Obese subjects accounted for the majority (78%) of subjects with an AHI of greater than 30, while those with a BMI in the healthy range rarely showed an AHI in this range (5%). Our data reveal that individuals with morbid obesity referred for a diagnostic sleep study had a 45% chance that AHI would be above 30 events/h, whereas there was only a 5% chance for a subject with BMI of less than 25 kg/m2. This type of analysis may be useful in estimation of pre-test probability of significant SDB before formal diagnostic polysomnography.

Our finding of an average increase in AHI of about 2 events/h for every 10 years’ increase in age should be interpreted with caution. It is based on a simple linear regression of cross-sectional data, and, while incidence of sleep apnoea has been shown to increase in older people, it is now recognised that the nature of the relationship between age and sleep apnoea is complex.14 It may not be appropriate to use these data alone to make projections of likely changes in disease severity due to ageing alone.

Overall, our analysis of 21 years of data provides valuable information for planning the future provision of clinical sleep services. Trends indicate that adult sleep services can expect subjects who weigh more, have higher AHIs and represent a more balanced mix of men and women. There are also implications for provision of treatment options based on AHI values. For example, our data indicate that the number of subjects with AHI of over 30 events/h has been increasing at a rate of about 1% per year since 1992. There are obvious cost implications should this criteria be used as the basis for government-funded provision of continuous positive airway pressure therapy. Our data allow projections of the likely costs involved in ongoing management of SDB.

Access to diagnostic sleep laboratory services in NSW changed markedly over the study period; we estimate the number of diagnostic polysomnography beds rose from six in 1987 to over 100 in 2008. The per capita provision of government-funded (Medicare) polysomnography almost trebled (from 123 to 308 studies per 100 000 Medicare-enrolled population) over the decade from 1995 to 2004, indicating increased availability and use of this service.2 The continuing trend of increasing obesity in the Australian population5-7 and the likely implications of this for severity of SDB, coupled with the observation that the per capita provision of sleep studies in Australia was recently shown to be behind that of North America,2 indicates that there will be an ongoing higher demand for access to sleep laboratory services and treatment provision in Australia over coming years. Furthermore, the continued ageing of the Australian population (a projected increase of 3 years in median age by 202615) would be expected to also contribute to worsening incidence and severity of SDB. These issues further highlight the need for more detailed assessment of the roles of non-laboratory-based diagnostic paradigms such as structured screening approaches to diagnosis and home-based investigations.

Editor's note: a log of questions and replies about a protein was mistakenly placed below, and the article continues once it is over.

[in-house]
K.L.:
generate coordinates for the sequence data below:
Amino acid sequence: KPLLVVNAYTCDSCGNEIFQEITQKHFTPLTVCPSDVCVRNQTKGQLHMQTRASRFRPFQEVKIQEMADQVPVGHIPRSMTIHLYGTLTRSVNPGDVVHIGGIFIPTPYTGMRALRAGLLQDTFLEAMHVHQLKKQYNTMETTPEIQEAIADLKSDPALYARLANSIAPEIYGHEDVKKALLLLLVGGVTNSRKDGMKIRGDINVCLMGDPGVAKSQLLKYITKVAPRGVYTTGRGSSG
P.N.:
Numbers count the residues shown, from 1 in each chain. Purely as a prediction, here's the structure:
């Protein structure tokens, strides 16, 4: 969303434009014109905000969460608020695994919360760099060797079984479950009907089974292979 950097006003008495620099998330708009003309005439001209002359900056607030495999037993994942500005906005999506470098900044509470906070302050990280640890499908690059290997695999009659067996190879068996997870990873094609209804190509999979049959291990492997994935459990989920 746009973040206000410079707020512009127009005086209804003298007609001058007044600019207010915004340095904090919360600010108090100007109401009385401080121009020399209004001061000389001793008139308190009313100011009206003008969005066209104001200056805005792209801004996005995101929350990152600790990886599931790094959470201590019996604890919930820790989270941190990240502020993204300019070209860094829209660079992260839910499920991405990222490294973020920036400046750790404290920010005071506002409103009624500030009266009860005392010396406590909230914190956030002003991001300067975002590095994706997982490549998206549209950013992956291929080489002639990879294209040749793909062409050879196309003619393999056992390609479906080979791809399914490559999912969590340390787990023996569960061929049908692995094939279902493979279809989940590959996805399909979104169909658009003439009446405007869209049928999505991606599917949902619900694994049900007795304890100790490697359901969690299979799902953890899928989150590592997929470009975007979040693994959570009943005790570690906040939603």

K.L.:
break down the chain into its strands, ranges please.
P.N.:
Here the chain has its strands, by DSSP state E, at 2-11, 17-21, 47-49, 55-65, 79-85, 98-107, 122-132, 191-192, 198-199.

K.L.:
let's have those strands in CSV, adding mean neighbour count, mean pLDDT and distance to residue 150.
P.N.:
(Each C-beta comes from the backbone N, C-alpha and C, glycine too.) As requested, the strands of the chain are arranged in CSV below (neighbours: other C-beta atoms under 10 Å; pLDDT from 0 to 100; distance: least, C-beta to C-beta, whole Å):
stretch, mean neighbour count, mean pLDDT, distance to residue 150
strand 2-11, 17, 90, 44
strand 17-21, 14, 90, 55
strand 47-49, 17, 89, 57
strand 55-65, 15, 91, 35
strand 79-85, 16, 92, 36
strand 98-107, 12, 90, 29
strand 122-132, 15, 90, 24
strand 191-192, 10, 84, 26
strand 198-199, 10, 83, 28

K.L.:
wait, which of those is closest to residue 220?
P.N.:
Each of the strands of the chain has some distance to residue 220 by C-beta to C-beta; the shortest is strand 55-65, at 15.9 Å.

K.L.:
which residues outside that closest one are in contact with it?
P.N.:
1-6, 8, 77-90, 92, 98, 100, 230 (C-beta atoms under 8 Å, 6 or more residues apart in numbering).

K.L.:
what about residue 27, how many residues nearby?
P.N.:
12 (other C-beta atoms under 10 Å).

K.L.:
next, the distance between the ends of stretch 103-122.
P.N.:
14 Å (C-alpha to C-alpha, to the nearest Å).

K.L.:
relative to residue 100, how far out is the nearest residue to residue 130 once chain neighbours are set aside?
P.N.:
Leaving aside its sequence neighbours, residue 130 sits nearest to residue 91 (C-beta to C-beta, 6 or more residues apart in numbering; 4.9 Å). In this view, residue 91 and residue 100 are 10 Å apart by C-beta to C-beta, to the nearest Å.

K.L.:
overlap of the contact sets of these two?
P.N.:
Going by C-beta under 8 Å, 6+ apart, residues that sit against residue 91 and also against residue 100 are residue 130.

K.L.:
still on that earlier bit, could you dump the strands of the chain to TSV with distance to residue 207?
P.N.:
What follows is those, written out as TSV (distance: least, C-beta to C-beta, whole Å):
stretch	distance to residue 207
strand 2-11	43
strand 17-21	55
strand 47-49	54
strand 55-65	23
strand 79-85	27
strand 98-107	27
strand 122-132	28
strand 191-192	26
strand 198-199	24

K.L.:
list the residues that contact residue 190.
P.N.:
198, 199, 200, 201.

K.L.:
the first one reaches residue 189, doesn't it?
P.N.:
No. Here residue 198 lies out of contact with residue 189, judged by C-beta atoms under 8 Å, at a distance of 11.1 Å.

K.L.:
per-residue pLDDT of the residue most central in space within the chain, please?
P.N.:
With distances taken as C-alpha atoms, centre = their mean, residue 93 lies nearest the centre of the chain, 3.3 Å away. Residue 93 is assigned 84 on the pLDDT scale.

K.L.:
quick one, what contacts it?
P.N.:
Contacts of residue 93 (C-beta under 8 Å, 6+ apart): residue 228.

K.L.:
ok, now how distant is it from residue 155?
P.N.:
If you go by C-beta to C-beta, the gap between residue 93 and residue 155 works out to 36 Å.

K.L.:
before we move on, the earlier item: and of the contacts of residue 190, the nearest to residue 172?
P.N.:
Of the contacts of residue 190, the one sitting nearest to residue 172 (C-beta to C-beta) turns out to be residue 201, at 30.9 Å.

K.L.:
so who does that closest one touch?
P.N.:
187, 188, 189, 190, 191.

1 Median body mass index (BMI) of subjects undergoing sleep studies, 1987–2007*

* The values above each column indicate the number of sleep studies used in the calculations.

2 Median apnoea-hypopnoea index (AHI) of subjects undergoing sleep studies, 1987–2007

3 Mean annual apnoea-hypopnoea index (AHI) versus mean annual body mass index (BMI) for subjects undergoing sleep studies, 1992–2007

4 Severity of sleep-disordered breathing (apnoea-hypopnoea index [AHI]) for subjects undergoing sleep studies, 1987–2007, by body mass index (BMI)

Received 18 January 2010, accepted 18 April 2010

  • Jeffrey J Pretto1,2
  • Stephen G Gyulay1,2
  • Michael J Hensley1,2

  • 1 Department of Respiratory and Sleep Medicine, John Hunter Hospital, Newcastle, NSW.
  • 2 School of Medicine and Public Health, University of Newcastle, Newcastle, NSW.

Competing interests:

None identified.